deadline for.u. coming up with brexit proposals. she is preparing another plan on what the border on ireland and northern ireland would look like after brexit. may has run into opposition from her own cabinet and political backers in northern ireland as well. the european council president will reportedly make an address tomorrow morning. the wall street journal reports the buyer of that $450 million vincing that da created is saudi arabia's crown prince. the journal cited u.s. government intelligence and the middle eastern art world figure familiar with the purchase. christie's says it will be displayed at the loop -- louvre in abu dhabi. global news, 24 hours a day, powered by more than 2700 journalists and analysts in more than 120 countries. i'm alisa parenti. this is bloomberg. more of "bloomberg technology"
designed around your voice. the echo was initially available only to invited amazon prime members. that changed in june, 2015, when both the echo and alexa were introduced to the public. we caught up with the vice president of amazon and vice prez -- and head scientist of alexa to ask how many skills alexa will have in five years. >> the skills will continue to improve daily convenience as we know it. everything is changing in terms of the behaviors of how we interact with alexa. you set your alarms and timers through alexa. you listen to your music through alexa. you control your smart devices through alexa. next, we will find that we are transforming from more natural transactions to more deep conversations. if you look at this, we have been working on what we call the alexa price competition, where the goal is to build social
bonds. this is incredibly hard. party -- atman in a a party where you have to talk to a stranger, 20 minutes is a very hard barrier to beat. emily: are you focused then on making alexa more humanlike and more conversational? >> absolutely. we are focused on making alexa smarter every day and humanlike as well. from that perspective, we are looking into how alexa can understand many different types of contexts. a lot of the common contexts that we as humans are able to do quite well is how we carry information from the previous term. play -- what's the first album from adele and then play it? then you know the reference is the first album from adele. similarly, context comes in various forms in terms of geographical and regional context. if you are saying, when are the spurs playing next, we mean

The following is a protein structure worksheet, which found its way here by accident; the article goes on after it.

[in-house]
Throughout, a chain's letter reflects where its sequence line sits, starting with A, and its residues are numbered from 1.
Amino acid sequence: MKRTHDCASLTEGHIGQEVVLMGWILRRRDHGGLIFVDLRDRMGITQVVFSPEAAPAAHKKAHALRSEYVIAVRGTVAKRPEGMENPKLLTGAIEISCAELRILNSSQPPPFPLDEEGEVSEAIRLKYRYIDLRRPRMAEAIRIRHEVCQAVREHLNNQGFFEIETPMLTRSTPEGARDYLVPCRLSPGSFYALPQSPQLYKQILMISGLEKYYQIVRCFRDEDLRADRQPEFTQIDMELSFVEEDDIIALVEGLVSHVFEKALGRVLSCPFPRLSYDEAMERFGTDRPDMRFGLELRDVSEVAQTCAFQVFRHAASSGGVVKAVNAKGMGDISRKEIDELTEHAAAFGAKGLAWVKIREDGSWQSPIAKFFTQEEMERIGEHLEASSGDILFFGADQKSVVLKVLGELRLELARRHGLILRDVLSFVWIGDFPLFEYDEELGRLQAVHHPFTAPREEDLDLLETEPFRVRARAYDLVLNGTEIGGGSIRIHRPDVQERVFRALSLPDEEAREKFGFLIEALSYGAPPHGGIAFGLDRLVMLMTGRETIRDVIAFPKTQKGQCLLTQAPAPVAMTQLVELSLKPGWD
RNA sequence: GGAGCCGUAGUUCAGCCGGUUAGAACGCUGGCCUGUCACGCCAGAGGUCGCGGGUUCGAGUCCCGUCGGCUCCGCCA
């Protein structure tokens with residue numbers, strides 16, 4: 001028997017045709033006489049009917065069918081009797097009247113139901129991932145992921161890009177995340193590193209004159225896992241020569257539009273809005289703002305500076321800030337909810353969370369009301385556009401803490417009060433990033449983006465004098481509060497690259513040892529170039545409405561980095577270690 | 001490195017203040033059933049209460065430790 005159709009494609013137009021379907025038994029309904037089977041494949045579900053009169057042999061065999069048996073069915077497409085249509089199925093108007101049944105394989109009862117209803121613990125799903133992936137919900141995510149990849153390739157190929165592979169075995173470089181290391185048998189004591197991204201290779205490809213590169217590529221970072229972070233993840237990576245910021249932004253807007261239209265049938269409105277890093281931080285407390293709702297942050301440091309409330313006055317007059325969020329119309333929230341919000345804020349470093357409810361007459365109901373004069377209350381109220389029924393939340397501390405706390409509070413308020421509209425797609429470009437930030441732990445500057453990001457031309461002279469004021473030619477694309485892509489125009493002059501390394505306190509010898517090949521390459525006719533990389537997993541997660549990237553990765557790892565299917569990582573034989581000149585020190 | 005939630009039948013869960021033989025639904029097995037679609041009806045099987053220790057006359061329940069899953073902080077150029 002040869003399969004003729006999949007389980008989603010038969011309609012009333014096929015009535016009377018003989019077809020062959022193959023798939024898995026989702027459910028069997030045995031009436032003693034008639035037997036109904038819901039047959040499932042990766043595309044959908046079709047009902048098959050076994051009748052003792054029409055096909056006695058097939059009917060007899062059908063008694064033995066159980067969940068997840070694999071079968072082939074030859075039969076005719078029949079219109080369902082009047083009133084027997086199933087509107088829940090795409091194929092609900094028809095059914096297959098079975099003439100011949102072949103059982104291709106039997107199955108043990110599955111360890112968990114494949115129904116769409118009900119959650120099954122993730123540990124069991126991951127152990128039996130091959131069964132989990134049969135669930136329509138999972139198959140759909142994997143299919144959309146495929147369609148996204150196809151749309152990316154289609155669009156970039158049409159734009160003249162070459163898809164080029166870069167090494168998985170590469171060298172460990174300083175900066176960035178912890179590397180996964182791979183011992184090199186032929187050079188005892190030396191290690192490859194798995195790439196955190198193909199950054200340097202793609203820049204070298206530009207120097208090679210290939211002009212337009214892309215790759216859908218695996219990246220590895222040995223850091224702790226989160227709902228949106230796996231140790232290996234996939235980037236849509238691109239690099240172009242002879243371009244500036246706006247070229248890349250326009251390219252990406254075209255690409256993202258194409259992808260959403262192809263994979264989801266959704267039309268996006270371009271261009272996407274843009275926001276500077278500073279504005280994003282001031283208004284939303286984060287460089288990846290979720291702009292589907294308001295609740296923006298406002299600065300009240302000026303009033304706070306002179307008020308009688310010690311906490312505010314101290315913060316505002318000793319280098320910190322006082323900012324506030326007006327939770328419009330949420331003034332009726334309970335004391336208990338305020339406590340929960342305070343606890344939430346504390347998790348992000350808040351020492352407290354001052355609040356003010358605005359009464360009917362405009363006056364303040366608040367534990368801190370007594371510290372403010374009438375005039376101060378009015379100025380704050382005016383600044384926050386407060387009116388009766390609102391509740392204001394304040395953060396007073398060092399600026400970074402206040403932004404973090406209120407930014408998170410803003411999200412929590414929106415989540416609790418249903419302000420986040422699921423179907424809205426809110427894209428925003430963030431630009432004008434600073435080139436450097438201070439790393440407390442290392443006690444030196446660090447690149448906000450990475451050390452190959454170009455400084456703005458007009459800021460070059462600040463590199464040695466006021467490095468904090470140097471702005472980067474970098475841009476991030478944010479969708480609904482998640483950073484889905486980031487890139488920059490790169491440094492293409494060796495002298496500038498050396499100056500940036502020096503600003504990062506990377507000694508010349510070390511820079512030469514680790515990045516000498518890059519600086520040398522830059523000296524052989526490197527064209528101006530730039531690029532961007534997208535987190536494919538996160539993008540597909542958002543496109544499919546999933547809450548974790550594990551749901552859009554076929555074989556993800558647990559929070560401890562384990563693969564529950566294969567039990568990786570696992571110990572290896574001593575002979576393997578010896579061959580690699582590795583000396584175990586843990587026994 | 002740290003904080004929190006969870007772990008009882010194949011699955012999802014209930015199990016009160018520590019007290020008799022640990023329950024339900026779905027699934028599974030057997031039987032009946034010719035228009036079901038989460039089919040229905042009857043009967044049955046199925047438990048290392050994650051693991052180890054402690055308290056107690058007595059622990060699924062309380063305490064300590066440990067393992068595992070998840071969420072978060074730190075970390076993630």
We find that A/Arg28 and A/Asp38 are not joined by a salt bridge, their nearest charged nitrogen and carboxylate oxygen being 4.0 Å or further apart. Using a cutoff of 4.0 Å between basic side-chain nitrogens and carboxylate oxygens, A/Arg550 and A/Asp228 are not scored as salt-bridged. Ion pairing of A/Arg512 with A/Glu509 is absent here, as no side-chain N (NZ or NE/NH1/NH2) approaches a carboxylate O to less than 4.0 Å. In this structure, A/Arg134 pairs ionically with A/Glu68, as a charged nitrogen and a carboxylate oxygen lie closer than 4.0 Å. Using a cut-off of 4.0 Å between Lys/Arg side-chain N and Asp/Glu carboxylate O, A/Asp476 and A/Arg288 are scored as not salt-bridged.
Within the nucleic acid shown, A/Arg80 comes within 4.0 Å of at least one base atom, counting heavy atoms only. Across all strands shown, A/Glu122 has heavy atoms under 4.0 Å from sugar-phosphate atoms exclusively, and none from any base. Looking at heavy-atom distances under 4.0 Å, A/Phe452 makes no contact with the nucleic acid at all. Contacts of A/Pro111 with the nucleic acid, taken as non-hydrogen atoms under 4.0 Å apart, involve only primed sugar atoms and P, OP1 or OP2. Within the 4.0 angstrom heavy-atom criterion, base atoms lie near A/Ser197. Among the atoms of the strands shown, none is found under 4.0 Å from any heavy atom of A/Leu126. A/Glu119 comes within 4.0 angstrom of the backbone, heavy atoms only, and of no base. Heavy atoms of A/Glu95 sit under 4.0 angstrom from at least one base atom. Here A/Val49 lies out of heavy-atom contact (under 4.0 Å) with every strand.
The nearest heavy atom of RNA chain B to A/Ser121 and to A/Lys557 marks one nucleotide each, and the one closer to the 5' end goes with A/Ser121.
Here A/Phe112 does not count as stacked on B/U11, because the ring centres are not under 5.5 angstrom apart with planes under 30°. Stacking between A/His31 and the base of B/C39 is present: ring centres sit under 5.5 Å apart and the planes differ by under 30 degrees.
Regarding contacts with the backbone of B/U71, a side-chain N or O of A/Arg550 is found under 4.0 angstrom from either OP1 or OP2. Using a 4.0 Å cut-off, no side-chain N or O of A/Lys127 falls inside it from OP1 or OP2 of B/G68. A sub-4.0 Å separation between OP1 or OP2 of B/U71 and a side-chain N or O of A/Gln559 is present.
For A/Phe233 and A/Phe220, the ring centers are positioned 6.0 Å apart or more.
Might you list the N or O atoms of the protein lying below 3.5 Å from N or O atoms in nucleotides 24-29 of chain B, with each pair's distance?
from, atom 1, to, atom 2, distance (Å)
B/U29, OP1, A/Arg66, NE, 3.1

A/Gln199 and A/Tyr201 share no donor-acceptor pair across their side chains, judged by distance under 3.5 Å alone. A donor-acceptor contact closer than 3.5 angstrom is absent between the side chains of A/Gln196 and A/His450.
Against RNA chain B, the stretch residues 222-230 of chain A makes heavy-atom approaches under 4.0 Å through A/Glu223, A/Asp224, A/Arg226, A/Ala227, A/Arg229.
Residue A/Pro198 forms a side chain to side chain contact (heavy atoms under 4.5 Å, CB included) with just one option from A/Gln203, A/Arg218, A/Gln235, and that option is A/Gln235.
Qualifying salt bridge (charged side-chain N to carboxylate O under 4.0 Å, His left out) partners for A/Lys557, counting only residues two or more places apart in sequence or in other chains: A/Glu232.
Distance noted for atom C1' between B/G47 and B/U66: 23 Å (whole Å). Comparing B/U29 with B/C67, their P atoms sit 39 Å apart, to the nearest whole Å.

spurs in the u.s., the san antonio spurs, whereas in the u.k., it will mean the soccer team, tottenham spurs. these are some ways we are making alexa smarter. this will just keep getting better and better. emily: do you think you will be able to figure out how to get alexa to understand when you are talking to her rather than when you are talking about her? >> absolutely. that's something we are also working on. in terms of differentiating when you are intending to speak to alexa. you already see some of that happening when you say alexa in a different context, when it's not meant for the device to listen in. it may wake up because you said the same word, but then it will automatically shut the audio stream, knowing that you used the word in a different context and you didn't mean to intend "alexa." that's a hard problem for humans to differentiate in a
conversation. what we are doing is personal context. alexa can differentiate who is speaking to her, whether it's you or your wife. --n you play your playlist when you ask to play your playlist, it plays your playlist, rather than your wife's. it knows you are authorized to shop on alexa. it does not need to ask you for a pin. emily: what trends are you seeing in how customers are using this to shop, and what are you doing to encourage them to shop more, aside from sibley discounts? >> alexis -- from simply discounts? >> alexa is about daily use. shopping is, of course, an important aspect, but it's not the only aspect. one of the things is to reduce friction or to make interactions as seamless as possible with alexa. so, when we are seeing that happen very well, if you are